Irish deputy premier says no-deal Brexit ‘far more likely’
Foreign Affairs Minister Simon Coveney said that Ireland and the EU will not abandon a solution for ‘some kind of promise’ from Boris Johnson.
Ireland’s deputy premier has said that a no-deal Brexit is much more likely now than it has ever been.
Referring to the Northern Irish backstop, the state’s Foreign Affairs Minister Simon Coveney said that Ireland and the EU will not abandon a solution to the border for “some kind of promise” from Boris Johnson.
He said the British Government’s approach to Brexit was making a no-deal far more likely.
The British Prime Minister is travelling to Berlin on Wednesday where he will discuss Brexit-related issues with the German premier Angela Merkel over dinner, before heading to Paris tomorrow to meet French president Emmanuel Macron.
Speaking ahead of his trip, the Tanaiste said: “There is a reason why Boris Johnson is visiting Berlin today and Paris tomorrow – to try to talk to EU leaders about finding a way forward.
“I think he will get a very consistent message from EU leaders that the negotiations over the last two to three years are not going to be abandoned now.
“We will try and find a way to give the reassurance and clarification that Boris Johnson needs to sell a deal.
“We will try and be imaginative about that and be helpful on that.”
Earlier this week Mr Johnson wrote a letter to European Council President Donald Tusk, calling for the backstop to be scrapped.
He reiterated his opposition to the so-called insurance policy, saying he will not support any withdrawal agreement that includes it.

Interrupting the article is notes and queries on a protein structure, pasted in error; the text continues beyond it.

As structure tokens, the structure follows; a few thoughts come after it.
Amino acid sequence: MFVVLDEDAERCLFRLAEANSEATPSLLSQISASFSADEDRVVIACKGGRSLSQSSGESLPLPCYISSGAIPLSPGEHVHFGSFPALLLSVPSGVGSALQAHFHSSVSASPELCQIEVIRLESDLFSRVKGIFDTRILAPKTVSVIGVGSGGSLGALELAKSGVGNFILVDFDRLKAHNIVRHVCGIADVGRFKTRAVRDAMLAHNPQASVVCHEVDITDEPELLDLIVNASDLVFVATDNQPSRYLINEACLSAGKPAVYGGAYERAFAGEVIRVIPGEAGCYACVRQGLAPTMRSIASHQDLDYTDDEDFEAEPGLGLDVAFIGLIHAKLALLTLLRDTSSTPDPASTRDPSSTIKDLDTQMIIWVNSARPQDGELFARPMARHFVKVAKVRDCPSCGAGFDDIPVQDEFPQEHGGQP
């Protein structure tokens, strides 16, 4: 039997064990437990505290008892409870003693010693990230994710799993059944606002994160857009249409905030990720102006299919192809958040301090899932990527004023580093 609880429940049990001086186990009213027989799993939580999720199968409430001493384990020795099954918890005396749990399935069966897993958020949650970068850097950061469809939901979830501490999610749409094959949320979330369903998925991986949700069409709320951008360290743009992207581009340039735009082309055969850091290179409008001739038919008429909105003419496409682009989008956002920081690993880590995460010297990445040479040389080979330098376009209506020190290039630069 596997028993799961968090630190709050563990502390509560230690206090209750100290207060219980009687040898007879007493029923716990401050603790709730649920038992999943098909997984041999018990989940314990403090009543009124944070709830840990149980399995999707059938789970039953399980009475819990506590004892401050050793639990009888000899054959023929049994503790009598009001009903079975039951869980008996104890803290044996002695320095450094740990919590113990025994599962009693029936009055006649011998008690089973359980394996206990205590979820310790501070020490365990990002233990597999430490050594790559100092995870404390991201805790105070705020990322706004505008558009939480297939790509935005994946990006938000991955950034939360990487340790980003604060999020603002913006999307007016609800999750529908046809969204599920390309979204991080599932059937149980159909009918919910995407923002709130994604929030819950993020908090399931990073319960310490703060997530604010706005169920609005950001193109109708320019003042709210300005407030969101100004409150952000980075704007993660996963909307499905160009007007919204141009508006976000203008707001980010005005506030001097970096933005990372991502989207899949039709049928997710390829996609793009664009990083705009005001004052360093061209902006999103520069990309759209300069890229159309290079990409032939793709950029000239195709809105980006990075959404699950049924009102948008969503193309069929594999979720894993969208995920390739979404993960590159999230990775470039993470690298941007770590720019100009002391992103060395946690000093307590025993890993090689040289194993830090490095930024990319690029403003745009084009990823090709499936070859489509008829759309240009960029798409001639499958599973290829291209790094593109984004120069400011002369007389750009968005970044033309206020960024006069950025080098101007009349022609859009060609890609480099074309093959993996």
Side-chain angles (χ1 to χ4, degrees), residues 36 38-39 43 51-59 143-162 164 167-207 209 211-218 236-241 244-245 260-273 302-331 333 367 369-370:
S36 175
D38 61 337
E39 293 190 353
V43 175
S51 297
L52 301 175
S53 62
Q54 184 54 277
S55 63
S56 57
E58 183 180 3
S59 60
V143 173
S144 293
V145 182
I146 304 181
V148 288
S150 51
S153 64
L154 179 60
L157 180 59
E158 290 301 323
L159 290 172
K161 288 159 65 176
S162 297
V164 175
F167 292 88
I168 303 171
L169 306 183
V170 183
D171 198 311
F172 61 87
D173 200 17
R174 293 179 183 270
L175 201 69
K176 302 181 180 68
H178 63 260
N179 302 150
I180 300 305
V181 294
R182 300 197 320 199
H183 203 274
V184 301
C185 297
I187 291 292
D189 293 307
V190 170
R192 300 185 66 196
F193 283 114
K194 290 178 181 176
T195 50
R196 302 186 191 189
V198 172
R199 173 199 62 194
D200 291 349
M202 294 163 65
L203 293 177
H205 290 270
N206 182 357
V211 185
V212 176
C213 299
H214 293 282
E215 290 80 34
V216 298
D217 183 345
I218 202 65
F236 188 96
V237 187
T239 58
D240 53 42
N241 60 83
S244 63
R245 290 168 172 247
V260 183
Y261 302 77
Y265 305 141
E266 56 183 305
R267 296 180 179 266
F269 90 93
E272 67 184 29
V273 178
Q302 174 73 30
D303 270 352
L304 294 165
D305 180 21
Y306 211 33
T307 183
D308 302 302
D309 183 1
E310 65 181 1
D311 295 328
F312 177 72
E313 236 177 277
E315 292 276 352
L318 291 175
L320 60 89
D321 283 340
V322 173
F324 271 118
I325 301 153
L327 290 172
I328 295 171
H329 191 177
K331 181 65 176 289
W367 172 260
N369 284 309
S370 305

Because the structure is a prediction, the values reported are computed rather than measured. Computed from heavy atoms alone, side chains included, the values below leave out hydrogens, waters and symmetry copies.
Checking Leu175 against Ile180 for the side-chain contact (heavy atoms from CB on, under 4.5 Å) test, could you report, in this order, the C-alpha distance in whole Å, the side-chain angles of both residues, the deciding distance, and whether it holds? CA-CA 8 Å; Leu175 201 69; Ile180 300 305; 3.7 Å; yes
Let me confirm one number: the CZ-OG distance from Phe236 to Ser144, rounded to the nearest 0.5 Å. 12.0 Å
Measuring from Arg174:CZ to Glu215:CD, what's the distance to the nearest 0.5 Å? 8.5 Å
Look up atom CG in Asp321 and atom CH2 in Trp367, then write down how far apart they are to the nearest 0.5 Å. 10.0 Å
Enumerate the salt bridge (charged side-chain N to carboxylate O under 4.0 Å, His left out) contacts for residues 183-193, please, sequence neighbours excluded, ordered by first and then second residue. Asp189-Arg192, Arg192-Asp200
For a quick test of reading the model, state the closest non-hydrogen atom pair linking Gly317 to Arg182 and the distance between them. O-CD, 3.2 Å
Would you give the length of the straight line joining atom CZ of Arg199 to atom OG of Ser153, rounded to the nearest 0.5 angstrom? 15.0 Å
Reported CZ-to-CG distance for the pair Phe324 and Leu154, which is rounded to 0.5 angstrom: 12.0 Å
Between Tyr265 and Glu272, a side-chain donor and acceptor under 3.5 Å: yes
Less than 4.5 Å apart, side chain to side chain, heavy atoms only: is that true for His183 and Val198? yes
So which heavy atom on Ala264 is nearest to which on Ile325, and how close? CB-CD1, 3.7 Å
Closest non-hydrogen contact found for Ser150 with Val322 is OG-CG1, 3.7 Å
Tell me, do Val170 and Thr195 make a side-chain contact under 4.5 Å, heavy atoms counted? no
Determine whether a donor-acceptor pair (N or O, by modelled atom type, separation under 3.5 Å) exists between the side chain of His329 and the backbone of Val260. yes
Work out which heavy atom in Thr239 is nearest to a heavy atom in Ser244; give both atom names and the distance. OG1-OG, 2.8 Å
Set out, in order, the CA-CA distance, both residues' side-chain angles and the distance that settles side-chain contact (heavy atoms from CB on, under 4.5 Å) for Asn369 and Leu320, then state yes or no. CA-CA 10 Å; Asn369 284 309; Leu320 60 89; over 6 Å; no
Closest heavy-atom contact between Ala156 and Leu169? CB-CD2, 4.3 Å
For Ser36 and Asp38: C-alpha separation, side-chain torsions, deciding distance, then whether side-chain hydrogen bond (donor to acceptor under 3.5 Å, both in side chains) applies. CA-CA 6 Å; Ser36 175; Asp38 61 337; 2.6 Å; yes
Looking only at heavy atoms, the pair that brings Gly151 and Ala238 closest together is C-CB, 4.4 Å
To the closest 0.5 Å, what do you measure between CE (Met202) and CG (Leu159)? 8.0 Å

Mr Coveney told RTE Radio One that EU leaders will not abandon the backstop.
“We are not going to abandon a solution that we know works for some kind of promise on the basis of trust that we will all work together to try and find a solution and muddle on in the future to solve the border,” he added.
“If we do that, what we will be doing is we will creating collateral damage in Ireland to solve a problem in Westminster and for the next number of years, the border issue will dominate Irish politics, north and south, because we haven’t resolved it in the way we that know we can.
“We are not in the business of facilitating the UK effectively moving away from commitments they have made to Ireland and the EU, to protect the Good Friday Agreement, to protect an all-island economy.
“To replace that with some sort of makeshift deal in the weeks before a no-deal, that isn’t what we are going to do.
“Instead what we have been dong for over a year now, we have been planning for contingency in the context of a no-deal Brexit should that happen.
“When you put a contingency in place you do that with partners that you know and understand fully and can trust.”
Mr Coveney also said that no-one wants to see the relationship between Ireland and the UK deteriorate.
He added that Ireland will not be “steam-rolled” at the end of the Brexit because of Mr Johnson’s opposition to the backstop and new red lines.
“That’s not a reasonable approach,” he added.
“We are trying to manage relationships in a way that is consistent with the Good Friday Agreement.
“Ireland is a confident young country that expects to negotiate on an equal basis.
“If we didn’t have the backstop we wouldn’t have answers to how we solve the border challenge.
“The Withdrawal Agreement has a facilitation in it for multiple review mechanisms.”
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